By On September 21st, 2006

Dr. Wayne S. Fenton, The Victim

On September 3rd, Dr. Wayne Fenton, a psychiatrist from Massachusetts, was beaten to death by his 19 year old patient. Vitali A. Davydov, who was severely psychotic and struggling with his mental state was refusing his prescribed medication. While the slaying has upset many mental health professionals, they wonder the risks to themselves and about the danger in allowing patients with severe psychosis to go without medication. However, Mr. Fenton’s death will most likely not affect the usual psychiatric practice but may take note to the long running debate: whether people suffering from psychosis should be compelled to accept treatment to reduce the risk of violent outbursts.

Violence is less common among those with mental illnesses than is sometimes assumed. Many people with schizophrenia are withdrawn, more likely to be targets of an assault than to commit one, said Bruce Link, a professor of epidemiology at Columbia.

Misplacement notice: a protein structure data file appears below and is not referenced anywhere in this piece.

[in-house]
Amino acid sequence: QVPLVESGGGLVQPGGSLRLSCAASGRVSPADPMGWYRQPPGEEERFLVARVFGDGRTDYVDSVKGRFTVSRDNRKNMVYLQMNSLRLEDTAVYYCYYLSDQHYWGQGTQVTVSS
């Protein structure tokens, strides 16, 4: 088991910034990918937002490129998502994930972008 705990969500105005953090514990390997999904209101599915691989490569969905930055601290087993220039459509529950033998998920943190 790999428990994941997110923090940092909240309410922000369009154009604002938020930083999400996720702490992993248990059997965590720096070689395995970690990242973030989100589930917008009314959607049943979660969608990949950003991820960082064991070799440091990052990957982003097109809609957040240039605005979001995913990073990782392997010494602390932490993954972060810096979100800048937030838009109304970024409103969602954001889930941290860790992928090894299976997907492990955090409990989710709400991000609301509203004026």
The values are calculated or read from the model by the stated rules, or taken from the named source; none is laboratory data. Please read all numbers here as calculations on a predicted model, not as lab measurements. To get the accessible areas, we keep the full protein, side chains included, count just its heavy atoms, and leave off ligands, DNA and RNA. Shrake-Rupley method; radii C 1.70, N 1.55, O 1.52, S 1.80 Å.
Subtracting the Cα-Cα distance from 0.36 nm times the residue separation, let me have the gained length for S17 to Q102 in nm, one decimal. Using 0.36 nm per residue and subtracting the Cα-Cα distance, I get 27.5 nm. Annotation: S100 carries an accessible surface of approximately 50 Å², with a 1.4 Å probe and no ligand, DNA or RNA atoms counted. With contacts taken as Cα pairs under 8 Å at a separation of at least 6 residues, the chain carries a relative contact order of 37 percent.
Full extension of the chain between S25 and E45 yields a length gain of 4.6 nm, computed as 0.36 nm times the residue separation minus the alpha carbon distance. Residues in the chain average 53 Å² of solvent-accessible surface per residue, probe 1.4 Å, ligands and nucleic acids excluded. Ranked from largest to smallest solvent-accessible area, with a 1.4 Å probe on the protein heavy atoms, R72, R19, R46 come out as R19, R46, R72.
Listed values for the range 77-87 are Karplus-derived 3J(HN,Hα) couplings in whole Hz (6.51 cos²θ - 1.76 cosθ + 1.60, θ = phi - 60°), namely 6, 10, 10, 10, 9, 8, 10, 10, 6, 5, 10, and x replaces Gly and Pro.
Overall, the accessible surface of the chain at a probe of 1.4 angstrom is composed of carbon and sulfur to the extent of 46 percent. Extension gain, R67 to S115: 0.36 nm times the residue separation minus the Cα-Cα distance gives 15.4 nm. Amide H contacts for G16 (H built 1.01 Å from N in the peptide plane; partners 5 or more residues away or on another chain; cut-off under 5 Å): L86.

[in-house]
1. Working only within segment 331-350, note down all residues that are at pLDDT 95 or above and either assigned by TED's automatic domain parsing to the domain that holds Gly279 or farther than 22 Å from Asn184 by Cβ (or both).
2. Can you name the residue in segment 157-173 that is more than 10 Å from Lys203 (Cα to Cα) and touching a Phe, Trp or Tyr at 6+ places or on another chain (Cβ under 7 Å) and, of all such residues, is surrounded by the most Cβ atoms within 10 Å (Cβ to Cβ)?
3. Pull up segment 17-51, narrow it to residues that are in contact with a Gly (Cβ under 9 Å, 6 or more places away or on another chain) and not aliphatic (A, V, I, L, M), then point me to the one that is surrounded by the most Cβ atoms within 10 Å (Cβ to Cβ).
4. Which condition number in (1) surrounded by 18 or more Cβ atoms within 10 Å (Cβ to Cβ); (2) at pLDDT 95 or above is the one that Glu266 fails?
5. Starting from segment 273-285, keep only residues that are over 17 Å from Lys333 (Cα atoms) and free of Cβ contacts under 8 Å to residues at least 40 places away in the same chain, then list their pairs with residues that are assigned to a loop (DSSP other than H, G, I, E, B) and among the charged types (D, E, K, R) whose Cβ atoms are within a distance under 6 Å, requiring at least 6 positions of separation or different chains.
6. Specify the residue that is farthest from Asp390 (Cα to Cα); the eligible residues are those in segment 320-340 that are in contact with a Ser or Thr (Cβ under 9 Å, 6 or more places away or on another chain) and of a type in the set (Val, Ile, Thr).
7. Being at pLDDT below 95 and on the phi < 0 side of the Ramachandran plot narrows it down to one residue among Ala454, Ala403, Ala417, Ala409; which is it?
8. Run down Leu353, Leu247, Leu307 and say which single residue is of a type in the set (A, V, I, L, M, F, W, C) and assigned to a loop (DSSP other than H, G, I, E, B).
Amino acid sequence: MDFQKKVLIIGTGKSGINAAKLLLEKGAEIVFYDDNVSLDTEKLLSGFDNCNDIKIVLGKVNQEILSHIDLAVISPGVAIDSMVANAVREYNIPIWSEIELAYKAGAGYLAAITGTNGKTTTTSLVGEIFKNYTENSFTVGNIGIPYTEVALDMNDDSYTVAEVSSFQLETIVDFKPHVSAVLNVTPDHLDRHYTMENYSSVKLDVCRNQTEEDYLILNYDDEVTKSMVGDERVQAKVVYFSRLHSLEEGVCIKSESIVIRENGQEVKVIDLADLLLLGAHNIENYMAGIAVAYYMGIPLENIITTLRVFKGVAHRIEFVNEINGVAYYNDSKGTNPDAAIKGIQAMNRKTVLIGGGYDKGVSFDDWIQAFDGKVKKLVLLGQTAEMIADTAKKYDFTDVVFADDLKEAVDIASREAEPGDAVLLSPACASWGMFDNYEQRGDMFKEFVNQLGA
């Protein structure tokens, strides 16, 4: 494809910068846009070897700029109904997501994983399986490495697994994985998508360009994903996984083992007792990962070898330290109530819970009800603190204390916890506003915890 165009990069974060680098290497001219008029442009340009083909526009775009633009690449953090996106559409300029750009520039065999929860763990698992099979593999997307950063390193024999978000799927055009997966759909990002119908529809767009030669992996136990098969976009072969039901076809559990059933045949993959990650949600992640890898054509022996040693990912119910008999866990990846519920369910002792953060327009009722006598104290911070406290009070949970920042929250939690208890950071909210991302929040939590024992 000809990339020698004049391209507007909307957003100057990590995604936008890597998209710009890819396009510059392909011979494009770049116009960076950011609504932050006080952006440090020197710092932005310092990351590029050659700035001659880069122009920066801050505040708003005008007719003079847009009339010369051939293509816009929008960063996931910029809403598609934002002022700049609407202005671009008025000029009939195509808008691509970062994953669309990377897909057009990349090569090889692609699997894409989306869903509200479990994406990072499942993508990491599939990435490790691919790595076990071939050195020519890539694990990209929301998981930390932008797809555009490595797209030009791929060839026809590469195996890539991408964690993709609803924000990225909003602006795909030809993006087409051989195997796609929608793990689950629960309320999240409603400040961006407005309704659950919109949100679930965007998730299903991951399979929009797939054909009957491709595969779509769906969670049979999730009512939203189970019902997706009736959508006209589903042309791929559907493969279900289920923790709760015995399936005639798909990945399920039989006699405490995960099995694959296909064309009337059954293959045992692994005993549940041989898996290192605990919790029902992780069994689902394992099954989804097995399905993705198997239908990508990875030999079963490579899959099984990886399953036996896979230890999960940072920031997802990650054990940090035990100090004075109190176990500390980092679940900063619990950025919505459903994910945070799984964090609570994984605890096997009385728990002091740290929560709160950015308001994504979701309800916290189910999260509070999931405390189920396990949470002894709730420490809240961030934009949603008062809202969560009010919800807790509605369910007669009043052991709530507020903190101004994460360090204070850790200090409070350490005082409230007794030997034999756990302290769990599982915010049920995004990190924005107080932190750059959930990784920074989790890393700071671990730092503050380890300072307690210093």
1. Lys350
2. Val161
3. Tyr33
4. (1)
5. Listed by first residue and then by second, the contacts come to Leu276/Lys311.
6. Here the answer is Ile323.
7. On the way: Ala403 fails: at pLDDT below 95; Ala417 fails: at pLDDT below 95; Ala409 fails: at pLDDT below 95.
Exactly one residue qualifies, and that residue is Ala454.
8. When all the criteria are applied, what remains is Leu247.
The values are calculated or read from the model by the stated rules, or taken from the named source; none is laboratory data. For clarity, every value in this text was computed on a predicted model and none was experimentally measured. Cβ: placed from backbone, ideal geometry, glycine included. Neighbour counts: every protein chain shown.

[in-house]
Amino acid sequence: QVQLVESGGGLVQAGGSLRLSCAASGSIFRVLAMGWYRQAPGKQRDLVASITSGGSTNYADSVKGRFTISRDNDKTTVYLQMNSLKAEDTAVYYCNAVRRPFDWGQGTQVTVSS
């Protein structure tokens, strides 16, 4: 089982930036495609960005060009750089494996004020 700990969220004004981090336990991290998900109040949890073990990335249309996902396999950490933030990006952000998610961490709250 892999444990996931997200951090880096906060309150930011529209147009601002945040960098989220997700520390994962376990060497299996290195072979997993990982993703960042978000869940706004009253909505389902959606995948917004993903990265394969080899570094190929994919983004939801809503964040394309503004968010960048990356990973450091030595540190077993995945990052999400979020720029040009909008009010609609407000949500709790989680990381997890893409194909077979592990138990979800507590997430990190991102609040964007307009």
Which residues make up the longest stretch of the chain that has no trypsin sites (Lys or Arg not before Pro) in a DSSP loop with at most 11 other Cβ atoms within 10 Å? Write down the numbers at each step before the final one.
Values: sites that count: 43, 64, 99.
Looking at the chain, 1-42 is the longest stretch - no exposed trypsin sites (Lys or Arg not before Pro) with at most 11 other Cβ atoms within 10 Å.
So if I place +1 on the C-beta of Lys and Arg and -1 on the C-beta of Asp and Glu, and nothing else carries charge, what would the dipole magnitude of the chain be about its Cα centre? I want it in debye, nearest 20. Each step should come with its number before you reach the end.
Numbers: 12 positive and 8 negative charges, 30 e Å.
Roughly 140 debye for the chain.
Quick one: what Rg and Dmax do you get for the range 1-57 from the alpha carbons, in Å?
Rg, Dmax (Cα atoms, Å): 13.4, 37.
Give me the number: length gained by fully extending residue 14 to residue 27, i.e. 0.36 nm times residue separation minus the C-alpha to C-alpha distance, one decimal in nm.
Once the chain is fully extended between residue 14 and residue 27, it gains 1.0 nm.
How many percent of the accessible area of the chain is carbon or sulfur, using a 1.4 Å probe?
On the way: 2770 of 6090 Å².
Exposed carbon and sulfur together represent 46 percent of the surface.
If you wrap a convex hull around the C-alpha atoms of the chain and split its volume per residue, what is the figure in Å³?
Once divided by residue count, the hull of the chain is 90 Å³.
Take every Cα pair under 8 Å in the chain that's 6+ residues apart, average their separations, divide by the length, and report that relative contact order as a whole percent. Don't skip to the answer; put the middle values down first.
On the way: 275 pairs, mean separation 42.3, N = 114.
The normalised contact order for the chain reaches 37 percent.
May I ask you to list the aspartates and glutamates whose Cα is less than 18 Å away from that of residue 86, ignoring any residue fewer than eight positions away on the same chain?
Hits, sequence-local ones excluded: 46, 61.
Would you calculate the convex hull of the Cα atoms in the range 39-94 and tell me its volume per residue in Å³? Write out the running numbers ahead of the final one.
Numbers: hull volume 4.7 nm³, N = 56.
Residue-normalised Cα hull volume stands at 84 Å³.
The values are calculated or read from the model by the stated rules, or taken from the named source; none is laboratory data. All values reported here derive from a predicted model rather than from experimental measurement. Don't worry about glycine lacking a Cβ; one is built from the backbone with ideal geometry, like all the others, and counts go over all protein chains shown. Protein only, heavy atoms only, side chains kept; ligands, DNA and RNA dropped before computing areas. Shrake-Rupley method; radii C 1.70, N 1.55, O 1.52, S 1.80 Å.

But studies suggest that those with untreated psychosis,often characterized by intense paranoia and imaginary voices issuing commands, are at least two to three times as likely as people without mental disorders to get into physical altercations, including fights using weapons, Dr. Link said.

The American Journal of Psychiatry found last month that people with severe mental illness committed about 5 percent of the violent crimes in Sweden, though they made up a small fraction of the population. The United States, which has higher crime rates, has a much smaller proportion of crime attributable to the mentally ill than Sweden, experts said.

New York and California have tightened their treatment laws to compel mental health patients to accept treatment, even those who have not committed a crime.

Will other states accept a change?

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